Rashid, who has played 199 times for his country and was a key part of the World Cup winning side in 2019, has spent his whole career at Yorkshire but has previously kept his counsel on the racism crisis engulfing the club.
That changed on Monday morning, when he issued a statement via The Cricketer echoing Rafiq’s claims against the former England captain.
Vaughan revealed earlier this month that he had been named in the independent investigation into Rafiq’s case but completely denies telling a group of team-mates of Asian ethnicity: “too many of your lot, we need to do something about it”.
Rashid wrote: “I wanted to concentrate as much as possible on my cricket and to avoid distractions to the detriment of the team but I can confirm Azeem Rafiq’s recollection of Michael Vaughan’s comments to a group of us Asian players.”
The Bradford-born leg-spinner made his first-team debut at Yorkshire 15 years ago and is one of the county’s most successful players of recent times, latterly as a limited-overs specialist.
He made no new allegations against any of those he has played with or for over the years but welcomed recent steps taken to shine a light on the matter, including Tuesday’s Digital, Culture, Media and Sport select committee hearing. He also placed on record his willingness to assist future “official efforts”.
“Racism is a cancer in all walks of life and unfortunately in professional sports too, and is something which of course has to be stamped out,” he said.
“I’m encouraged by the fact that a parliamentary committee seems to be trying to improve the situation, whether that’s holding people accountable or getting changes made at an institutional level. These can only be positive developments.
"I will of course be more than happy to support any official efforts when the time is right. For now, though, these matters are of an intensely personal nature and I will not be commenting on them further. I ask you to respect my privacy and allow me to focus on my cricket.”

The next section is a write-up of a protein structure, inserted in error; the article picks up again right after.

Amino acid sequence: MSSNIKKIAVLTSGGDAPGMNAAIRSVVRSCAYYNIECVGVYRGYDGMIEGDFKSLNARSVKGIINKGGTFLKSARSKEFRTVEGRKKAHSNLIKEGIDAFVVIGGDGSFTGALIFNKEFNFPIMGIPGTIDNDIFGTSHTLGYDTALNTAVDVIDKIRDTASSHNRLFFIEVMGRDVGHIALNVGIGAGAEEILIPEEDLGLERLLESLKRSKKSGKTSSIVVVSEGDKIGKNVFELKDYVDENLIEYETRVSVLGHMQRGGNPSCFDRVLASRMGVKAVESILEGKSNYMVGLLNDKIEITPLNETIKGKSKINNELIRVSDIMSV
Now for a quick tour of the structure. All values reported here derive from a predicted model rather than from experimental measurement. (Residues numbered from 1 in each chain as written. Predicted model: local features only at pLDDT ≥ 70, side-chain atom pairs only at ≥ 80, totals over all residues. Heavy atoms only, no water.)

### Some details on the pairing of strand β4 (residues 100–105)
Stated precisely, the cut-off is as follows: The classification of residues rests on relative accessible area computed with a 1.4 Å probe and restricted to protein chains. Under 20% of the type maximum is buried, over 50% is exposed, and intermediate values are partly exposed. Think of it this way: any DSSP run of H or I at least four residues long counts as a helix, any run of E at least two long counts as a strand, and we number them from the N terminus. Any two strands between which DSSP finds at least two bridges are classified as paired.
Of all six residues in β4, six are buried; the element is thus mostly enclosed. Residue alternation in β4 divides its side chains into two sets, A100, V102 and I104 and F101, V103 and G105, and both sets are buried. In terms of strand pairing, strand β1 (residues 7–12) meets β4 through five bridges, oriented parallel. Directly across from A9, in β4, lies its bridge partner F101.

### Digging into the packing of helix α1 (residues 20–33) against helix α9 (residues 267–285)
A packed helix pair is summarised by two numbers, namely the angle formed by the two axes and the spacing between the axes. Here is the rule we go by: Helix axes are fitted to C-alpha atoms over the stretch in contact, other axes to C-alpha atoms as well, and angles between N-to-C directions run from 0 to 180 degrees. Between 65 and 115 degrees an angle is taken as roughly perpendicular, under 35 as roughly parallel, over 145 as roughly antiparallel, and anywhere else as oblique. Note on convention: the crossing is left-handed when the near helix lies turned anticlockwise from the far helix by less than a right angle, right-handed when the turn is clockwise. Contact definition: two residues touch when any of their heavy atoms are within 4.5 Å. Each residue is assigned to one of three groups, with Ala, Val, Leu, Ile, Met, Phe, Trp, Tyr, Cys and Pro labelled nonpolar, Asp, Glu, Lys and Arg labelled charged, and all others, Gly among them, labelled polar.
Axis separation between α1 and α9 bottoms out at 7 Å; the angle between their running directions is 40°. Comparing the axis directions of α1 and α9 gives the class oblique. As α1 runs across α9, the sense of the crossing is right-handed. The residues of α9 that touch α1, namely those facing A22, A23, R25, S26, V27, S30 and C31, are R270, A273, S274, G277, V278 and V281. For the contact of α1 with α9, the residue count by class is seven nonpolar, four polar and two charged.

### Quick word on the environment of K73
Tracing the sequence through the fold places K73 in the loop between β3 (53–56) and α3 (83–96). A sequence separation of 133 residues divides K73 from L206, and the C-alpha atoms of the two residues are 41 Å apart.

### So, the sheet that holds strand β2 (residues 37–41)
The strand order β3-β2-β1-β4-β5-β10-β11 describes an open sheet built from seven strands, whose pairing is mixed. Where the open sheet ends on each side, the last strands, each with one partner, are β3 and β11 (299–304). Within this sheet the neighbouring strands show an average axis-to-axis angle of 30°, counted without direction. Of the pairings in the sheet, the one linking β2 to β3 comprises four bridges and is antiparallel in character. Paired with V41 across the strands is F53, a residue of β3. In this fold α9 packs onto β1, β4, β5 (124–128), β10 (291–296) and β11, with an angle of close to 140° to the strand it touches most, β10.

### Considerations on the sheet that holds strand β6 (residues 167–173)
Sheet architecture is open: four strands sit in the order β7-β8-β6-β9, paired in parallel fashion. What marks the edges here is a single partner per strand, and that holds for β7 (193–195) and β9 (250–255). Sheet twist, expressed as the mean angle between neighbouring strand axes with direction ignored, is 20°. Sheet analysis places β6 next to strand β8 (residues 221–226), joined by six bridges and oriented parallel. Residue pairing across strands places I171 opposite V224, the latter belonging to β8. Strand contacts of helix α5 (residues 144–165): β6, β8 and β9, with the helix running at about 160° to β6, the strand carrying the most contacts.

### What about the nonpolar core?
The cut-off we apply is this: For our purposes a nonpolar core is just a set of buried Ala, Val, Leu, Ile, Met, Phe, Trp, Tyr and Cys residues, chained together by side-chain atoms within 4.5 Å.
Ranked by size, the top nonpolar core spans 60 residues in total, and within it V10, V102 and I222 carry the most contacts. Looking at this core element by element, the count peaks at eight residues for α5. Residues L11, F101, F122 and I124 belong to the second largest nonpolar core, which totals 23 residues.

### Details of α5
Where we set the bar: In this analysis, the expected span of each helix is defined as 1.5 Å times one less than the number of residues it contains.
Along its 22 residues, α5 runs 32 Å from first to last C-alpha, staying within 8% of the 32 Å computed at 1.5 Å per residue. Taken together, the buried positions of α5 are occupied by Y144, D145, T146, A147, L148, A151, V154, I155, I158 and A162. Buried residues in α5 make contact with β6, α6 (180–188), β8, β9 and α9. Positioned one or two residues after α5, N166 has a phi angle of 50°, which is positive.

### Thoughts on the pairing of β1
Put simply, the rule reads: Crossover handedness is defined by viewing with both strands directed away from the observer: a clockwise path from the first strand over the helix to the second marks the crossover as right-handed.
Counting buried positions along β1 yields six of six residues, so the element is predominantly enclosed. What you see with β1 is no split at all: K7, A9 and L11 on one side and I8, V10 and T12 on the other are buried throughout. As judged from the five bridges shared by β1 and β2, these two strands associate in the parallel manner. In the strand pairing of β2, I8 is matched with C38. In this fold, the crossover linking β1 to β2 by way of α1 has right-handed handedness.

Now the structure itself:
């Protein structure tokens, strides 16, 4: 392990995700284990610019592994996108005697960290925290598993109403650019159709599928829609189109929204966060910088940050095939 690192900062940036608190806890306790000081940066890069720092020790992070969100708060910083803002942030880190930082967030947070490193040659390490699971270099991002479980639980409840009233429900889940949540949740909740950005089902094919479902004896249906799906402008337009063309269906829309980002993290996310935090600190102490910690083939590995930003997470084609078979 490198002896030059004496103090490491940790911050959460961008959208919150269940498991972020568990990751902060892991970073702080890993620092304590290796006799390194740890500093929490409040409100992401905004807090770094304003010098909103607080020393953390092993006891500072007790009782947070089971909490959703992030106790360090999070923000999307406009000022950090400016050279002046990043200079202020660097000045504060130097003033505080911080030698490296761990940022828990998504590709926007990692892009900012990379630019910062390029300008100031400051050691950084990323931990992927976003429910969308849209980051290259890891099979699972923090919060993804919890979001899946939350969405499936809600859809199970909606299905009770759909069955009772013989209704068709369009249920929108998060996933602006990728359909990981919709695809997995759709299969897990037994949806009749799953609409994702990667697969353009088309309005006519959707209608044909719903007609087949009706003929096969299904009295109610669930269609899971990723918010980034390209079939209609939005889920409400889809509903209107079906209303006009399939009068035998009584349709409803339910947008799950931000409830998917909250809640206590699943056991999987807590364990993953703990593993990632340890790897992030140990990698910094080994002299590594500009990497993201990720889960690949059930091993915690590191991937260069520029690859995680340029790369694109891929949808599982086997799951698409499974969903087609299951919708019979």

Speaking to the PA news agency from his home in Knutsford earlier this month, Vaughan said: “I’ve never said anything racist in my life. I know that in my life, I’ve never said anything racist to anybody. So, that’s what I stand by.”
Nevertheless he was stood down from his hosting role on BBC Radio Five Live’s Tuffers and Vaughan Show last week. PA has contacted the corporation for fresh comment.
Professor The Lord Patel of Bradford OBE, Chair of Yorkshire County Club, added: “I am aware of the recent statement from Adil Rashid, and I welcome his courage in speaking up at what is a difficult and distressing time for all those who love this Club and the sport of cricket.
“It is essential that those who have experienced or witnessed racism, discrimination and abuse are able to come forward to share their experiences.
“I have been in touch with Adil personally today so that we can talk through the issues as soon as he is ready and able.”
Vaughan has reiterated his denial of racism allegations made by Rafiq, and now supported by Rashid, calling it “a completely false accusation” and “the worst thing I have ever experienced”.
The former England captain said in a statement released via the PA news agency: “I categorically deny saying the words attributed to me by Azeem Rafiq and want to re-state this publicly because the “you lot” comment simply never happened.
“It is extremely upsetting that this completely false accusation has been made against me by a former team-mate, apparently supported by two other players.”
Vaughan, who remains one of cricket’s best known personalities for his on-field achievements and off-field broadcast career, went on to offer specific recollections of the game in question – when Rafiq lined up with Pakistan international Rana Naved-ul-Hasan, Ajmal Shahzad and Rashid.
“I remember the match clearly because it was the first time in Yorkshire’s history that four players of Asian heritage had been selected in the same team. It was an important milestone for the county and it was also a moment of pride for me personally,” read Vaughan’s statement.
“At the time, I was a senior professional nearing the end of my career, but, having been the first non-Yorkshire born player signed by the county, it was also a sign of the progress that had been made during my time. I made a point of shaking all four players’ hands that day because I recognised it was a significant moment.
He went on to quote a passage of his subsequent autobiography where he wrote that increased representation from the Asian community “ought to be a good thing for our cricket”.
hahzad said he had not heard the comment in question during an interview with PA last year, adding “the senior guys were really good to me, they took me under their wing” and he was directly namechecked by Vaughan.
“For some time, Ajmal Shahzad has been on record as saying that he never heard me say what has been suggested. I have been in contact with the six other players from that team and not one of them has any recollection of the remark being made,” Vaughan said.
“I fully accept that perspectives differ, and I have great sympathy for what Azeem Rafiq has gone through, but I hope everyone understands why I cannot allow this to go unchallenged or my reputation to be trashed unfairly.”